Hansoo is from Minneapolis, Minnesota and trains with the City of Lakes Tai Chi Club. Hansoo is also hugely responsible for this incredible web site. Thanks Han!


Hi Jan,

I don’t know if there needs to be a difference between exercise and practice.   Certainly exercise may not be practice and a practice may not be exercise but I do also think you can have both at the same time.
 
For me I think it’s better to look at the nature of practice, as practice seems to be a “bigger” entity than exercise.  Practice can encapsulate anything while exercise can only encapsulate a small portion of things we can do.
 
Sam has said several times that we can do Tai Chi every day and it may not be a practice, just “something we do”, or in these terms we can say exercise.   In this vein I feel that a practice is something that is done with some degree of mindfulness.  When Tai Chi is referred to as moving meditation, I find that to be an accurate depiction of all practices.  The meditation, whether seated or moving, implies inner mindfulness, observation and contemplation.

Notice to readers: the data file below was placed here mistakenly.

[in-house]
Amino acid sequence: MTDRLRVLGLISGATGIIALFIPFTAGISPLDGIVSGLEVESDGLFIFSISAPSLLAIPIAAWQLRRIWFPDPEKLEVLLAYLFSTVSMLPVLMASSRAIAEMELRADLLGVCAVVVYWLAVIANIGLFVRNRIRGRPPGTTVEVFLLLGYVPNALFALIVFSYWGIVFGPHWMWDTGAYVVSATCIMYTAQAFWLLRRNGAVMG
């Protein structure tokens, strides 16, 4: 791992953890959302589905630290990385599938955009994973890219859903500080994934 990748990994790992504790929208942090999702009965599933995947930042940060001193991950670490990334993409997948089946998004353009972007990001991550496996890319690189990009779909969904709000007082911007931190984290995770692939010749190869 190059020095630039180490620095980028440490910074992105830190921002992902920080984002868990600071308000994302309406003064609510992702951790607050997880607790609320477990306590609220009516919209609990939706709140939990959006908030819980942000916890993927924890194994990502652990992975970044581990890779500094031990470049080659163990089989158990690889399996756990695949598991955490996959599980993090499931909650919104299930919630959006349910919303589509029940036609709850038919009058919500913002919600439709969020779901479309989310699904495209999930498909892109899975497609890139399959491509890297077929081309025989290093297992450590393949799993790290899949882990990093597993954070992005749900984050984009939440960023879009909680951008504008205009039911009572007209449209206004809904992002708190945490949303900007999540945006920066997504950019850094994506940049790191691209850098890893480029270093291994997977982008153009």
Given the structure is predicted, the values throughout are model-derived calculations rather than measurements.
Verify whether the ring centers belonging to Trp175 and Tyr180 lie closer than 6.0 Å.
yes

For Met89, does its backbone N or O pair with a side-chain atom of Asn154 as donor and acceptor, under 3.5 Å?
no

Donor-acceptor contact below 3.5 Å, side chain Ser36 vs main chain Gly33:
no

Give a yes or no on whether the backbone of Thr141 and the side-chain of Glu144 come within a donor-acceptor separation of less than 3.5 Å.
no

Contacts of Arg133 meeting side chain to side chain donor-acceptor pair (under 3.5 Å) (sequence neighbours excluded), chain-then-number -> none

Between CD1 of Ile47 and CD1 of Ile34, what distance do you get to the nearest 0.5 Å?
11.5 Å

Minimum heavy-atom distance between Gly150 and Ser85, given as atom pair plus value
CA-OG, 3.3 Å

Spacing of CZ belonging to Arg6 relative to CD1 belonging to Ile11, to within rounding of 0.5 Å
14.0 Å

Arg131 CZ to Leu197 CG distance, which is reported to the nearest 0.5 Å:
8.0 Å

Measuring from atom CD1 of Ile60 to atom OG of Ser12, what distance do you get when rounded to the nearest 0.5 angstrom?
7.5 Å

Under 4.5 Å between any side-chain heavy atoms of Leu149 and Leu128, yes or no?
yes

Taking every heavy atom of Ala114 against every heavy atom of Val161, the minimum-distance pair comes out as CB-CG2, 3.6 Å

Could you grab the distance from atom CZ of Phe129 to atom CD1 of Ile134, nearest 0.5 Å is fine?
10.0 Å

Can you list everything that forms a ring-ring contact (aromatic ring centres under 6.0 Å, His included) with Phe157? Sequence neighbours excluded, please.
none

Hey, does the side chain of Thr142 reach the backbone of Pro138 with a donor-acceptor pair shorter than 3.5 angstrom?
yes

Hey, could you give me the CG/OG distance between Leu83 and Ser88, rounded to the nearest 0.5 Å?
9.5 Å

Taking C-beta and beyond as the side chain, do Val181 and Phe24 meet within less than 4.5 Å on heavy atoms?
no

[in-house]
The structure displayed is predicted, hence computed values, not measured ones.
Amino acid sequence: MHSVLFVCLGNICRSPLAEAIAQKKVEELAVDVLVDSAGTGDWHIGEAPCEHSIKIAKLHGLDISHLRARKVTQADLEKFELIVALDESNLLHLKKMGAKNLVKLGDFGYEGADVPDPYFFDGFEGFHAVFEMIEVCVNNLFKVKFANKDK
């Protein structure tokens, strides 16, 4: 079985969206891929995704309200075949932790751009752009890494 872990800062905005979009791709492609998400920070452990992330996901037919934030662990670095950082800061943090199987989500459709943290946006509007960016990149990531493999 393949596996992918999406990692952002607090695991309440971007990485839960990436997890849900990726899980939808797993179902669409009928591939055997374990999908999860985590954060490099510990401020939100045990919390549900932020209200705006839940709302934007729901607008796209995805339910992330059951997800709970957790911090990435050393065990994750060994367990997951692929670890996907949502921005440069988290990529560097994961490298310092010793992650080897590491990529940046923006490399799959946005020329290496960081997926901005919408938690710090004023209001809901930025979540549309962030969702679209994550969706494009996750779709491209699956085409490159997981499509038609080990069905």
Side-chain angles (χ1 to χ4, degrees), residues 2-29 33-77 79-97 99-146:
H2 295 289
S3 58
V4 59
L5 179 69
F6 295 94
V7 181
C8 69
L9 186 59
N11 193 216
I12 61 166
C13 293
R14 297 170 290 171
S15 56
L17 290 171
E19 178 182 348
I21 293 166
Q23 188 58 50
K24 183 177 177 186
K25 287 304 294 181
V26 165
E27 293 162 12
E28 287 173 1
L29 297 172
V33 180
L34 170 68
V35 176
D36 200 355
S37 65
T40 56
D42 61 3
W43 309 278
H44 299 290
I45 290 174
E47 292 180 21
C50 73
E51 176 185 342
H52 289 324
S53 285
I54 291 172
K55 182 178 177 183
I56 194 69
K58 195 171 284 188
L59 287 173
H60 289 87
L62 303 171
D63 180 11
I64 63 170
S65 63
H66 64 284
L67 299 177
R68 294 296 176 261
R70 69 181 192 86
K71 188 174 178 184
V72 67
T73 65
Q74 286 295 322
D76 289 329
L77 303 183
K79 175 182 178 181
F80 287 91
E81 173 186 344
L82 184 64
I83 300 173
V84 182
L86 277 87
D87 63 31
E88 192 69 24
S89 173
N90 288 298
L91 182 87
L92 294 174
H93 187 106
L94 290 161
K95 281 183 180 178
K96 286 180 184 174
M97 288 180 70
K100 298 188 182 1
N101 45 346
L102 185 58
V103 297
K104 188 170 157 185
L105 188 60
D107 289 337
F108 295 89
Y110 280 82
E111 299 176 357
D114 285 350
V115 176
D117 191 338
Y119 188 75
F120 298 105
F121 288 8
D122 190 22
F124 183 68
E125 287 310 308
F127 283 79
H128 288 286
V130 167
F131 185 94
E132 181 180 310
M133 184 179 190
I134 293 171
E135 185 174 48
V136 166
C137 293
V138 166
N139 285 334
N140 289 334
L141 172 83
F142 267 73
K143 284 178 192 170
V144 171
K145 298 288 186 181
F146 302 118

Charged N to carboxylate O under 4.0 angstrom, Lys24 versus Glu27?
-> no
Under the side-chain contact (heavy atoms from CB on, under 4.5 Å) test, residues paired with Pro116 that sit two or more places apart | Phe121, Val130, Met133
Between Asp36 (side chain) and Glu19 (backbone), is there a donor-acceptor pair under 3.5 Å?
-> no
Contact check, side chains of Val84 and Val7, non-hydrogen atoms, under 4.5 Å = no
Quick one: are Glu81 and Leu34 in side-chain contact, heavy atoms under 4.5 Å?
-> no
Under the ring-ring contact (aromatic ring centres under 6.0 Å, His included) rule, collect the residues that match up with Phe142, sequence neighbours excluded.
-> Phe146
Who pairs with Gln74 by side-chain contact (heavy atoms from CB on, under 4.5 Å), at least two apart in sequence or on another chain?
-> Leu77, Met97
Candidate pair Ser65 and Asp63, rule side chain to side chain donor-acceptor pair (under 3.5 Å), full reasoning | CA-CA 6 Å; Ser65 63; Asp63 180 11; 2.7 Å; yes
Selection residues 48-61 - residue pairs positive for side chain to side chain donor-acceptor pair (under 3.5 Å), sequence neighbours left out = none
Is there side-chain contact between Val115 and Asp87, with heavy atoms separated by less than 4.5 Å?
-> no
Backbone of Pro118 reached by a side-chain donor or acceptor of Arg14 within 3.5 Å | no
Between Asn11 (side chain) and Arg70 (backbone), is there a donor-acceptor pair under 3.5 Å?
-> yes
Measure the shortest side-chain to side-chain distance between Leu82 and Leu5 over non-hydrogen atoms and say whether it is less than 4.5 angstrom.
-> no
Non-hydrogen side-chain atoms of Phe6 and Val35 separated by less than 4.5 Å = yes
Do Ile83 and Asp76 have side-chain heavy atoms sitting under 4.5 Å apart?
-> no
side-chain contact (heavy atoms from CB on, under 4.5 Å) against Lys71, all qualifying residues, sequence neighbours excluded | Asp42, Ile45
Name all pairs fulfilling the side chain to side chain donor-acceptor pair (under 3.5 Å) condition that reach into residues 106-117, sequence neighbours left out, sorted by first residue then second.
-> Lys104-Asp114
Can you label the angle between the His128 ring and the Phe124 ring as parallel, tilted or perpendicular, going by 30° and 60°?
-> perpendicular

When we do something 1000 times, like brush the knee and push, if we do it without mindfulness we may indeed have more physically fit bodies/legs,etc.  However what have we learned about the movement itself?  By applying mindfulness in 10% of the 1000 brush the knee and push exercise, we may notice that we are not comfortable in certain places, or our movement is not smooth, or we are holding tension in areas.  We can compare one attempt with the next and see with greater clarity the slightest differences between each attempt because we are repeating the motion and being somewhat mindful.
 
Deeper mindfulness and more frequent mindfulness can transform this simple exercise into a profound exploration.  Breath, intention, energy (yi li chi), application, variation, abstraction, relationships, etc.  In many cases my solo practice offers me deeper practice on the internal side than practicing with others.  I’ve found with others I tend to have more of a goal in my movement, and that the movement is more self-conscious as the ego wants to look good in class :)  I find myself moving ahead as I am anxious and mentally I am not as settled due to the self-consciousness.  I tend not to notice this so much while in class, but when I am practicing solo I compare/contrast and find that indeed my internal energetic are quite different.